human ascent to God,
but his descent to us.
Without God's descent there is no human ascent.

The secret of the quest lies not in our brilliance
but in his grace.

Os Guinness*

May the Lord bless us this week as we abide in His grace.


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*Quoted by Tullian Tchividjian in his book Surprised by Grace: God's Relentless Pursuit of Rebels

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Borrowed Words from Joy at the End of the Tether and a Giveaway

 26.7.12

Canon Press
Ecclesiastes has been  my "prayer book" these past weeks. I have been studying it and to help me dig deeper into it, I have been reading Douglas Wilson's book, Joy at the End of the Tether: The Inscrutable Wisdom of Ecclesiastes. I am half way through it and I can already recommend it to you all. It has been a blessing to me.

Here are some borrowed words from it:


"The great Hebrew philosopher who wrote this book called Ecclesiastes calls us to joy, but to a joy which thinks, a joy which does not shrink back from hard questions. He calls us to meditation, but to meditation which does not despair."

"The meaningless of all things, as Solomon presents it, must work down into our bones. We should let the Word do its work before we hasten to make Ecclesiastes a grab bag of inspirational quotes."

"God is the One who gives things, and God is the One who gives the power to enjoy things.. Only the first is given to the unbeliever. The believer is given both, which is simply another way of saying that he is given the capacity for enjoyment."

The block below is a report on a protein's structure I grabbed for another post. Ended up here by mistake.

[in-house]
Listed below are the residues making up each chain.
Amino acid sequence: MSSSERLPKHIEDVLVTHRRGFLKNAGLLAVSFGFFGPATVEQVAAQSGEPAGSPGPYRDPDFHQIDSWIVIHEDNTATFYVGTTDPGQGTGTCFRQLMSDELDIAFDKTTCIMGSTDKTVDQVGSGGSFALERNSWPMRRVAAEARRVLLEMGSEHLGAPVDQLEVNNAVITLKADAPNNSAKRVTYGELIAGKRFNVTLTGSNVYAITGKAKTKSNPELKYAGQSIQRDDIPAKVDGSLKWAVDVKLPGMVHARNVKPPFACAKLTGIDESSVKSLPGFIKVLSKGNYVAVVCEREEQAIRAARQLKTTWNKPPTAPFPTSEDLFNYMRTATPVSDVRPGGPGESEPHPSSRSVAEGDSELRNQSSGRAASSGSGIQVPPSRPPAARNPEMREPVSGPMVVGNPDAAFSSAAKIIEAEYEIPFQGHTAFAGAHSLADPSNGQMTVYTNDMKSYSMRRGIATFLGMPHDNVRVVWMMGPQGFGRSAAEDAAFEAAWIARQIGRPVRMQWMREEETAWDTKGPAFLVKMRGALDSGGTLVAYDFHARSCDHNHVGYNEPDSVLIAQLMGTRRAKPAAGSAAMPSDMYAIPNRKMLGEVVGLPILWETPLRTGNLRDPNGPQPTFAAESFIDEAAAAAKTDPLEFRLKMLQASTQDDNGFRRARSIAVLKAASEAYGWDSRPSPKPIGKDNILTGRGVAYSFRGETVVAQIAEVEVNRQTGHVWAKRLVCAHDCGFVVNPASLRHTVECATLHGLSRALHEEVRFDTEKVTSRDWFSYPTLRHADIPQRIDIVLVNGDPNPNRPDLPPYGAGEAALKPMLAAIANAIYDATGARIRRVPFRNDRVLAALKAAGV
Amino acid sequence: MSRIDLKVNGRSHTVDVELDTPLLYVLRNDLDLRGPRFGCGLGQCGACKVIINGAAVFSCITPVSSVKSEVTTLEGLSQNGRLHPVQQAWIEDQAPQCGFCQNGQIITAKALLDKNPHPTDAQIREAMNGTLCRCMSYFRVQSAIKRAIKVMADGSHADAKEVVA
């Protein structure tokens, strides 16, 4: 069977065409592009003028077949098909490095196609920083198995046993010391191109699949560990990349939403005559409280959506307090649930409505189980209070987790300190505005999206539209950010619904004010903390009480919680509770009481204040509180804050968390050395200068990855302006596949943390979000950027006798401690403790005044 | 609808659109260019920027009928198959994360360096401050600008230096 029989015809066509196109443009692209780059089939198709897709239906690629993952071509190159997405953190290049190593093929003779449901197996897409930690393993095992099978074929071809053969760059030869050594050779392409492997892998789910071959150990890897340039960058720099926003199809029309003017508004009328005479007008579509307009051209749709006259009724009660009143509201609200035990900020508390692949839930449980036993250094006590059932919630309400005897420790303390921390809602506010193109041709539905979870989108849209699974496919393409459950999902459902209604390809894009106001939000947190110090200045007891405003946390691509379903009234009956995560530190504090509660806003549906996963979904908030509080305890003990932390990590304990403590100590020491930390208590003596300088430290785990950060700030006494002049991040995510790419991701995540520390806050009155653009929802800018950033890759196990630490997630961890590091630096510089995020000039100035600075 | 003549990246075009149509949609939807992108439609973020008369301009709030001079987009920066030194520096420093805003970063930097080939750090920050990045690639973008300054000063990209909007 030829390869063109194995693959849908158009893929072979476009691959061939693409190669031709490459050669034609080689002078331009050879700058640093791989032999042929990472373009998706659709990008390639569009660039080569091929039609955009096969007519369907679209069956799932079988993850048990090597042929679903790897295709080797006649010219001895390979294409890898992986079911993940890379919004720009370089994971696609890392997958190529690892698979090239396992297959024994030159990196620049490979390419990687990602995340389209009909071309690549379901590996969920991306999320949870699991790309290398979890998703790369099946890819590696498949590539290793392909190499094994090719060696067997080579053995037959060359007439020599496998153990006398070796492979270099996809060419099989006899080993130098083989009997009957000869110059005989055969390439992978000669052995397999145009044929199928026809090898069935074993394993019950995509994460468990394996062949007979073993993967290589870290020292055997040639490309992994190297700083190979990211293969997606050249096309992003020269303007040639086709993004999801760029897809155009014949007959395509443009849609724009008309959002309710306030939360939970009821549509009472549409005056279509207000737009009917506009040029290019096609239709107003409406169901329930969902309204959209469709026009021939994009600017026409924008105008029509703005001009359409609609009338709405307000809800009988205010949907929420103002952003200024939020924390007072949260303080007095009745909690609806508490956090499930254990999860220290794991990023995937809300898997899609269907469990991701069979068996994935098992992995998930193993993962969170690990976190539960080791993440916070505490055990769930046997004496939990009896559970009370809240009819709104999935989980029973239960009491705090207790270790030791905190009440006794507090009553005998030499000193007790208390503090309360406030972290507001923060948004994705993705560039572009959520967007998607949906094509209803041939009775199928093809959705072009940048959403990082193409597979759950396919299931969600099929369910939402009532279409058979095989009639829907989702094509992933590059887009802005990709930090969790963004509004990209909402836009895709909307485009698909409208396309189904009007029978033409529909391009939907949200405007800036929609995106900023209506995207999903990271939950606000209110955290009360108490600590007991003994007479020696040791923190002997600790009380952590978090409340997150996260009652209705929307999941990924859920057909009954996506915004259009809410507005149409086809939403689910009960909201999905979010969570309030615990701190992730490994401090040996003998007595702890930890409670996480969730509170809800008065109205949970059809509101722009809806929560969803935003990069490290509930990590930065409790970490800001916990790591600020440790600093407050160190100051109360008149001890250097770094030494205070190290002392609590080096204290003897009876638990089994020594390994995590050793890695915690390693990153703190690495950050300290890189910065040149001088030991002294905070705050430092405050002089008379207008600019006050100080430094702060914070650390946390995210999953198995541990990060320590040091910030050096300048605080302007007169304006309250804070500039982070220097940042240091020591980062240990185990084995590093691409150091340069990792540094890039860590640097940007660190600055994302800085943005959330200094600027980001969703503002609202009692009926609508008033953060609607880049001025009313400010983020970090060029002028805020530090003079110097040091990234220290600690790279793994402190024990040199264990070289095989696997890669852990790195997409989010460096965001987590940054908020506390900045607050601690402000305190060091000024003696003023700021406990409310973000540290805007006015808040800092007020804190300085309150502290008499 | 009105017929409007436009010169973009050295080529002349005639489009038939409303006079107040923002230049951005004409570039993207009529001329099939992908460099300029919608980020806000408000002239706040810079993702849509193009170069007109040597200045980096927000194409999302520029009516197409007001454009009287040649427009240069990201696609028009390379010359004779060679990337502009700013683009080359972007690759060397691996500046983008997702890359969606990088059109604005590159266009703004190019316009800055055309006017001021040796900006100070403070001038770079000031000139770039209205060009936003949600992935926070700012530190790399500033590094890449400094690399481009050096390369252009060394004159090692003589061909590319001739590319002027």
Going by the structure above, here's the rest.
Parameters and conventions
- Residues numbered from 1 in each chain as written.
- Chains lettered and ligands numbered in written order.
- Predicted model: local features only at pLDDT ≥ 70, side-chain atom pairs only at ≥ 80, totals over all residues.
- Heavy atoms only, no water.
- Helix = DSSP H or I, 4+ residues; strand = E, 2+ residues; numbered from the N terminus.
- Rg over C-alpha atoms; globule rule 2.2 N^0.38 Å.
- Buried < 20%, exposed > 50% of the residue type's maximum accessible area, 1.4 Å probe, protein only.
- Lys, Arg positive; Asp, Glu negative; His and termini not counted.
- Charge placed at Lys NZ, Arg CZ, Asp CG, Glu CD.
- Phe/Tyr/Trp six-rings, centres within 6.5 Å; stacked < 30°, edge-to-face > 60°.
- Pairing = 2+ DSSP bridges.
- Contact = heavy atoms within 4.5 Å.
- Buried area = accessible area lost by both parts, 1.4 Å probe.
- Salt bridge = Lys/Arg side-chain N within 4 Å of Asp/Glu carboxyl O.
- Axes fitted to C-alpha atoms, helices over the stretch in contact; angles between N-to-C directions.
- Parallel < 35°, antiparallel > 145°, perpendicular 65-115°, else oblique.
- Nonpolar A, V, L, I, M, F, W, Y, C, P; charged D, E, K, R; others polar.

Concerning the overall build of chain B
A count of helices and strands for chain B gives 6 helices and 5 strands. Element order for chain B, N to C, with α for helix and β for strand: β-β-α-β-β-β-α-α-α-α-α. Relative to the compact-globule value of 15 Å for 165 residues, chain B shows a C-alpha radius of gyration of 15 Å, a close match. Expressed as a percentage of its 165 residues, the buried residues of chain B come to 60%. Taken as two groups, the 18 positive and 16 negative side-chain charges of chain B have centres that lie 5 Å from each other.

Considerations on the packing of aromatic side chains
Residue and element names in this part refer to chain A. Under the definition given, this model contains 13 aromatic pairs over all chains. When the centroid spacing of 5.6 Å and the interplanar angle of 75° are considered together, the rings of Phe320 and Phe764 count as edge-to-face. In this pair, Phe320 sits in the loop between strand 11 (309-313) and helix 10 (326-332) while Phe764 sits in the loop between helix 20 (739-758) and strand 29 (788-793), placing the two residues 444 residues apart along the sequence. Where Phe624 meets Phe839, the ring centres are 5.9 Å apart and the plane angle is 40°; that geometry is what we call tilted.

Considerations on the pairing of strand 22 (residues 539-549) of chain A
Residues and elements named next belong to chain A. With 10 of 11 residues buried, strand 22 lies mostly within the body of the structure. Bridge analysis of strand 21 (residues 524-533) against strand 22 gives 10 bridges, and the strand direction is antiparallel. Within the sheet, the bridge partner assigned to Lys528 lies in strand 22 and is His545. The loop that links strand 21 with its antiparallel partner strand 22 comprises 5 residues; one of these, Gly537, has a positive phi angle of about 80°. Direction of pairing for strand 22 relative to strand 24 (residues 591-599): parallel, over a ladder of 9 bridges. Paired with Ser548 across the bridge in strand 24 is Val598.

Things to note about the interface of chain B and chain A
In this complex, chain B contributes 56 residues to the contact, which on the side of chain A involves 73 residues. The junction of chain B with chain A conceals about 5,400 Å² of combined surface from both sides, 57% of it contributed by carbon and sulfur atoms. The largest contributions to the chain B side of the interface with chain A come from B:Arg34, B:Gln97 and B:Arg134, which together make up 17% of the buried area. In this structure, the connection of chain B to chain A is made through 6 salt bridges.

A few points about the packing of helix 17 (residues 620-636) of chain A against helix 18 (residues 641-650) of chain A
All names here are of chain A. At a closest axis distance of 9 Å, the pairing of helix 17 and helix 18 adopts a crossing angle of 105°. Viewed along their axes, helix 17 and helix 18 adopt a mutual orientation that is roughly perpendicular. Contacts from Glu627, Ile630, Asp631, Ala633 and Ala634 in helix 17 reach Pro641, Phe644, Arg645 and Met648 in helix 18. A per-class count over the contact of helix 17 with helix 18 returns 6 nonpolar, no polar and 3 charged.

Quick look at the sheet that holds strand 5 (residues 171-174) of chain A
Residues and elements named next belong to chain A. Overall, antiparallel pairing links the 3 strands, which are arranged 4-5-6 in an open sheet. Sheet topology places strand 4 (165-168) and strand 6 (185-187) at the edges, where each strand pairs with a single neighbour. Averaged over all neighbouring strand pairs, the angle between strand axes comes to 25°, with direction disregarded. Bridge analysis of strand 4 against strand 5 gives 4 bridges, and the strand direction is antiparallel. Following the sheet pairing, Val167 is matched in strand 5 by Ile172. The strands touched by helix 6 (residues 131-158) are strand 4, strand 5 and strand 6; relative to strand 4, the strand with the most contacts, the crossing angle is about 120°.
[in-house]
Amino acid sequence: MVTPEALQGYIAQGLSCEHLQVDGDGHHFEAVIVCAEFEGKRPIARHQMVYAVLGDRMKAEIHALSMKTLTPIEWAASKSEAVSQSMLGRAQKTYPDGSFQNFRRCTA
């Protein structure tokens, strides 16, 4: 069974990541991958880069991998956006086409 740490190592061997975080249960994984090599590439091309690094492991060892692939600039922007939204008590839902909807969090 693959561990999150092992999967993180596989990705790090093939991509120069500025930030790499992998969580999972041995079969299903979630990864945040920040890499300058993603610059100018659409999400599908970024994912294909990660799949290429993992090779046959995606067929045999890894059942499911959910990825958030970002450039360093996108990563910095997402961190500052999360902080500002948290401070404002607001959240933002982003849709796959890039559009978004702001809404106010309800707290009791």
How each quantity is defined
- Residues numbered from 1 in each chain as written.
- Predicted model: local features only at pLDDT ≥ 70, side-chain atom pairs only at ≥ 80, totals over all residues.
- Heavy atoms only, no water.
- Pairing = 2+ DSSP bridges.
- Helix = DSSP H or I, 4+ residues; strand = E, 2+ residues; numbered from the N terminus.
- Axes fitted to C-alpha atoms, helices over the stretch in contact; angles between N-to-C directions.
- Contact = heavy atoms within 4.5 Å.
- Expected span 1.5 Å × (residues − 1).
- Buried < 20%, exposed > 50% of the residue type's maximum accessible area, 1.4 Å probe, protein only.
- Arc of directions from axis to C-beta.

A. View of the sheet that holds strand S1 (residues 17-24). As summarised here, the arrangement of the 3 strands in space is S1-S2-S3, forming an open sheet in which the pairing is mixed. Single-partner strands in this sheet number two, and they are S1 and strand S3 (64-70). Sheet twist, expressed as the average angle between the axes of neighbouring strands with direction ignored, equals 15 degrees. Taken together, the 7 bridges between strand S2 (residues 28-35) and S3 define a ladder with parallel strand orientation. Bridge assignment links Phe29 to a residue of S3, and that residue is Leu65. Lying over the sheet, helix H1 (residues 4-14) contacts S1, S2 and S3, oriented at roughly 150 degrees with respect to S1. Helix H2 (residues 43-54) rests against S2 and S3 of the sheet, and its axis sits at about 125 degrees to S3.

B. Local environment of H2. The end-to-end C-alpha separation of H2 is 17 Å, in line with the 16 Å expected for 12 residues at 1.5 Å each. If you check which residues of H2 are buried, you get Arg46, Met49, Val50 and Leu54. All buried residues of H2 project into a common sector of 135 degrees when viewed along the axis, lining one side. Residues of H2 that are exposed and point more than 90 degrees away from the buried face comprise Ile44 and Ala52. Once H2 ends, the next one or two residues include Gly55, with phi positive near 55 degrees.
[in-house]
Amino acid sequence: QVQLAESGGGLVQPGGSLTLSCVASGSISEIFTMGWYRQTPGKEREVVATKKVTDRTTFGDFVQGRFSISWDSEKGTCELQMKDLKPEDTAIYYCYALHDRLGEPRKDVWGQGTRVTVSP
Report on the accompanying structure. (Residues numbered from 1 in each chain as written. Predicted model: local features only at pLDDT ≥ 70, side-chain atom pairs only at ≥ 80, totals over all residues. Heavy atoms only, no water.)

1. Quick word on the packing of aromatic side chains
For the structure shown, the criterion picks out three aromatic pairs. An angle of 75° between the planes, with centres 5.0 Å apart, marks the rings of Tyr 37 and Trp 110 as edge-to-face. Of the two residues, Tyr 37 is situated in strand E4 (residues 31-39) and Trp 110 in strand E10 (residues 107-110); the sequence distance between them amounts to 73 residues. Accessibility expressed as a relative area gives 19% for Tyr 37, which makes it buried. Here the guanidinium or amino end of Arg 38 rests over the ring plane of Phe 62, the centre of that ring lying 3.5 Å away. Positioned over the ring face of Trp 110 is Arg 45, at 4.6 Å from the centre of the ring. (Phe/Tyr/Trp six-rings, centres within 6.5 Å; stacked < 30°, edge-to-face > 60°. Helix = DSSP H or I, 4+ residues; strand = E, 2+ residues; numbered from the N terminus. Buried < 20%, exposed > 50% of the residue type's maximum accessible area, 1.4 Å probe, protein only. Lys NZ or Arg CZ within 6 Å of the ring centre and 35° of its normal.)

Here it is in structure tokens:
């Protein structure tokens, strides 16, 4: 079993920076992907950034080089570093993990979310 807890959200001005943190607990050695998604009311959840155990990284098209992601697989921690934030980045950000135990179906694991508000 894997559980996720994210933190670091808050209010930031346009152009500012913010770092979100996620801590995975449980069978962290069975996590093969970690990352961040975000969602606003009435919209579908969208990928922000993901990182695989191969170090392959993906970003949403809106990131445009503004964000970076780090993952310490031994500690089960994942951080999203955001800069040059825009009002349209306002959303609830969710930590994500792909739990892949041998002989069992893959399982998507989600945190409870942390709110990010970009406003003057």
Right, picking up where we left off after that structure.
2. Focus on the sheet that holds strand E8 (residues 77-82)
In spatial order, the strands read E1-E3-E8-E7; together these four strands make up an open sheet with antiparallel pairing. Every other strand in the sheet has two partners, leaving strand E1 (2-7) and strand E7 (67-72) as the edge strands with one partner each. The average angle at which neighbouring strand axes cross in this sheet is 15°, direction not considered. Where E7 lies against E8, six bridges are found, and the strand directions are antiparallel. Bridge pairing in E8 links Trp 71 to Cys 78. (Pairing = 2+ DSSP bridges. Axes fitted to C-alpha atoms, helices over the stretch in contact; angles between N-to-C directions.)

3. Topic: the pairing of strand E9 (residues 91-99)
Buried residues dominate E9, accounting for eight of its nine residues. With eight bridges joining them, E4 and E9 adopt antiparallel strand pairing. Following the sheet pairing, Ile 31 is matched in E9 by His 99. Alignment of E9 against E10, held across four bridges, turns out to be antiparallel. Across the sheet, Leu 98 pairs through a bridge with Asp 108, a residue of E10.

"To be wise, a man must know his limitations."
"We are being told that we have been placed in a world that we did not create or fashion, and that this world has various repetitive cycles, to which cycles we have been assigned by someone else. We are under the authority of these repetitions and have been placed under that authority by the hand and purpose of God."

"God only promised a way of escape from every temptations, not from every unpalatable doctrine."

"When calamity comes, and the tears follow, the Lord was in it. When rejoicing brings relief, the Lord was in it. The doctrine has a hard edge and more than one person has cut himself on it. But denial of the doctrine does not remove the light and darkness, the peace or evil. It just removes the possibility of finding any solace."

"Relationships which form under His sovereign will, and relationships which dissolve are all from Him as well (v.8). Euodia and Synthyche were close and had a falling out. No longer under the sun, they are together again. The time for the friendships and the time for the quarrels are all appointed."

"Eternity has been placed in our hearts. God has made us in relation to Him, and nothing we can do will alter this. He is always our Maker and we are always made. He is always Creator and we are always created."

"We must begin with God and not just any old divinity."

"Rejoice, do good, eat your bread, drink your wine. Believe in the sovereign God and enjoy these inscrutable repetitions (3:15). This is a gift (3:13). Remember his judgments (3:15) and sit down to your dinner."

Now, it's been a while since I have not hosted a giveaway here, and I am thinking that this is the time to do so, and this is the perfect book to give away. So if you want to enter the drawing, leave a comment here. The winner will be announced Wednesday, August 1st.

May His grace abound as we live under His sun and by his grace,



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40 + 1

 25.7.12

Annie Pliego Photography